Let’s dive in.
1) Why Google spent nearly $1 billion on infrastructure
If you haven’t heard, it has been a good second quarter for Google, which showed a 32 percent increase in revenue. But Google has also spent nearly a billion in infrastructure spending, and GigaOm’s Derrick Harris gives his reasoning as to why:
Everything Google does — from its App Engine cloud computing service to Google+ to its company-sustaining ad engine — requires lots of servers and a top-of-the-line network in order to run smoothly.
Harris goes on to argue that Google’s significant infrastructure investments are what allow the company to keep pace in a variety of industries, including the mobile device sector.
The Post’s Dominic Basulto addressed one aspect of Google’s infrastructure investment: The driver-less car.
2) Foursquare, meet TappMob. Well-paid software engineers, meet the students who made it.
TappMob was created with the philosophy that all you need is a button and a line of text. The application allows smartphone users to record their location with one tap. The location, however, is not shared publicly, meaning it is likely not to compete directly with Foursquare or Facebook Places. TappMob only allows users to share their location with one individual at a time, making it a great application for checking in with parents.
The creators, however, are as interesting as the application. Both Eva Sasson and Justin Mardjuki are both college students. Sasson goes to Columbia University and Mardjuki to the University of Pennsylvania. The application won the people’s choice award at the MobileBeat conference.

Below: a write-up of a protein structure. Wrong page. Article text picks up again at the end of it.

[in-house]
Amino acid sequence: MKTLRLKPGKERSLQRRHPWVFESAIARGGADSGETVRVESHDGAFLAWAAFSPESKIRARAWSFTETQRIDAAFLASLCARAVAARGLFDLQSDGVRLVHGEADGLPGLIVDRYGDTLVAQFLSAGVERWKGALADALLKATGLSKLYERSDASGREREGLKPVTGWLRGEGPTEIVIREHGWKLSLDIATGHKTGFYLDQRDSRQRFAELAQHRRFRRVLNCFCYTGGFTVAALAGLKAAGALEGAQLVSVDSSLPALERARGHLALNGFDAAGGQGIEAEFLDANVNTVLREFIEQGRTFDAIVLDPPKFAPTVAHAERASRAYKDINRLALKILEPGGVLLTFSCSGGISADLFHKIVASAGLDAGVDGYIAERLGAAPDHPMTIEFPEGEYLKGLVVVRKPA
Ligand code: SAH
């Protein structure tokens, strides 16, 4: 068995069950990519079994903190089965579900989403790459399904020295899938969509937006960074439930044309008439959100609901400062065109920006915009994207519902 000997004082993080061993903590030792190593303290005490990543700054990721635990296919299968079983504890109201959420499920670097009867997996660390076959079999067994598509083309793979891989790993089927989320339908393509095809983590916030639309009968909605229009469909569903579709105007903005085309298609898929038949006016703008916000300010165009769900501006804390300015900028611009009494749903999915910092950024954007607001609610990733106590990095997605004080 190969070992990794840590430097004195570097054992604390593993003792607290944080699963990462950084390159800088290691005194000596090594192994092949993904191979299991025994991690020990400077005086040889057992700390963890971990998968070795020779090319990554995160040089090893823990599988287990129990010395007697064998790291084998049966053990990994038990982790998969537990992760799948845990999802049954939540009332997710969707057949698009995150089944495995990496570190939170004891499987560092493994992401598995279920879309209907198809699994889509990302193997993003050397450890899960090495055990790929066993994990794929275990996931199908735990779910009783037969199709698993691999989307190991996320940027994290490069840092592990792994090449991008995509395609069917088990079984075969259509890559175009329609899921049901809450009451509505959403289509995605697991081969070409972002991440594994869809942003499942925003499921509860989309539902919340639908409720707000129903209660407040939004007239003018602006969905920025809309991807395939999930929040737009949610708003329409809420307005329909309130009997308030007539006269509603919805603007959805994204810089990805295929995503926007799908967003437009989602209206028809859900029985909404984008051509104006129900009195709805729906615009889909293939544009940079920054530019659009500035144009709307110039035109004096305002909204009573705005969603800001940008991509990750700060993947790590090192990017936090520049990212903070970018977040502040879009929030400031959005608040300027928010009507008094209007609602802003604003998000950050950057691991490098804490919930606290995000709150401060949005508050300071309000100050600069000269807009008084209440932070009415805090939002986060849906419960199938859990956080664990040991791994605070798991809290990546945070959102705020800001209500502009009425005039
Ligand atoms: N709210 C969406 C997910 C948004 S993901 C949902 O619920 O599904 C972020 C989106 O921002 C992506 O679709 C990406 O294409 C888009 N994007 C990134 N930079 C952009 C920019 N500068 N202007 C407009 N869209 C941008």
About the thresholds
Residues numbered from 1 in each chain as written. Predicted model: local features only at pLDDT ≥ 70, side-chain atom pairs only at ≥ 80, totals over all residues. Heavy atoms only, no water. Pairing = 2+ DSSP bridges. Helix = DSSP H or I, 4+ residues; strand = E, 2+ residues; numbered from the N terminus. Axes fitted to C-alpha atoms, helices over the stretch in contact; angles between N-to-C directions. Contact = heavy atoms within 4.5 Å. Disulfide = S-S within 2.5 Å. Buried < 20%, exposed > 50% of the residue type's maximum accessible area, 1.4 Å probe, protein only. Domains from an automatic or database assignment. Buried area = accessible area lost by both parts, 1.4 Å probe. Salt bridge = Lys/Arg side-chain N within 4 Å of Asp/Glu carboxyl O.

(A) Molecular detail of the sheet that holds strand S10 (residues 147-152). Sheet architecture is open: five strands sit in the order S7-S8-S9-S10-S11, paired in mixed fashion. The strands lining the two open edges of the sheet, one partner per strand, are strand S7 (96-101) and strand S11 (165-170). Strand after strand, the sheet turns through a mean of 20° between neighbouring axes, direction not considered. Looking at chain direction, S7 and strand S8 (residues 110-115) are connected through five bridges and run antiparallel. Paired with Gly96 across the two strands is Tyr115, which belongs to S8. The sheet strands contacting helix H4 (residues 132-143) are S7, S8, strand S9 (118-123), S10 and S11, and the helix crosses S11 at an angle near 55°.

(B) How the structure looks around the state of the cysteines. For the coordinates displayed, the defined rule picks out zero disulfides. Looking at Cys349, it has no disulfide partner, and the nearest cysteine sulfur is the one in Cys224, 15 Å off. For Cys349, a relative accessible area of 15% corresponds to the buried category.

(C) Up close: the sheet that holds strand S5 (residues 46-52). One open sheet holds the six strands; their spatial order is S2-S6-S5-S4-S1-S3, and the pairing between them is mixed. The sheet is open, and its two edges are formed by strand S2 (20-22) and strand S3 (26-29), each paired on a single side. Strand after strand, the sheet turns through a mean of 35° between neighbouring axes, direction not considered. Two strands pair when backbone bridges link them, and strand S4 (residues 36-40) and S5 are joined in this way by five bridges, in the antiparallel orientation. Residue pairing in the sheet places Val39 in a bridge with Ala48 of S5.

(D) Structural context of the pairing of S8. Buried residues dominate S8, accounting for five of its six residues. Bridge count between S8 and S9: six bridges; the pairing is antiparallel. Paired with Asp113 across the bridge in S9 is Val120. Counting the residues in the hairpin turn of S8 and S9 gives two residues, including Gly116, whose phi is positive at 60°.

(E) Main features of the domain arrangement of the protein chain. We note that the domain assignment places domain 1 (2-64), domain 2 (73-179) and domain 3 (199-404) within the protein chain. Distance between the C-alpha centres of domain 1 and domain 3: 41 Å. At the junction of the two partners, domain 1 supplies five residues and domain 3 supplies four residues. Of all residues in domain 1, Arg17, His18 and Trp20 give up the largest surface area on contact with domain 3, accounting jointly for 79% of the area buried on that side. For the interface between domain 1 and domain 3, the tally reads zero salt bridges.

3) Groupon blows quiet period, revises IPO filing
Groupon co-founder and executive chairman Eric Lefkofsky reportedly issues a statement to Bloomberg during the company’s mandatory pre-IPO quiet period, when no one in the company is authorized to speak either positively or negatively about the company. According to VentureBeat’s Meghan Kelly, Lefkofsky told Bloomberg, ”Groupon was going to be wildly profitable.”
Then Groupon amended its IPO filing, which reads, in part:
We have in the past, and may continue to receive, a high degree of media coverage, including coverage that is not directly attributable to statements made by our officers and employees, [incorrect] reports on statements made by our officers or employees or is misleading as a result of omitting to state information provided by us or our officers or employees. You should rely only on the information contained in this prospectus in determining whether to purchase our shares.
4) Hello, author. Here’s your social network.
Glam Media is introducing a new suite of products to allow authors to create their own social networks. The company that turned the publishing industry on its head by advertising authors over individual books is now adopting the rules of social media, but placing the author at the center of the social micro-universe.
Glam has grown significantly, incorporating over 2,500 niche blogs and micro-sites. GLAM CEO Samir Arora described the new social networking functionality as ”Facebook-in-a-box for content creators” in an interview with Fast Company.
5) Flexible gel could give a voice to those who have none
Doctor Steven Zeitels was approached by actress and singer Julie Andrews in 1997 for help after losing her singing voice as a result of laryngeal surgery. Zeitels joined with MIT professor Robert Langer to finish developing a reparative gel that could repair damaged or scarred layrinxes. The Zeitels-Langer team has reached a point where it is ready for a limited clinical trial next year.
Here is the gel in action: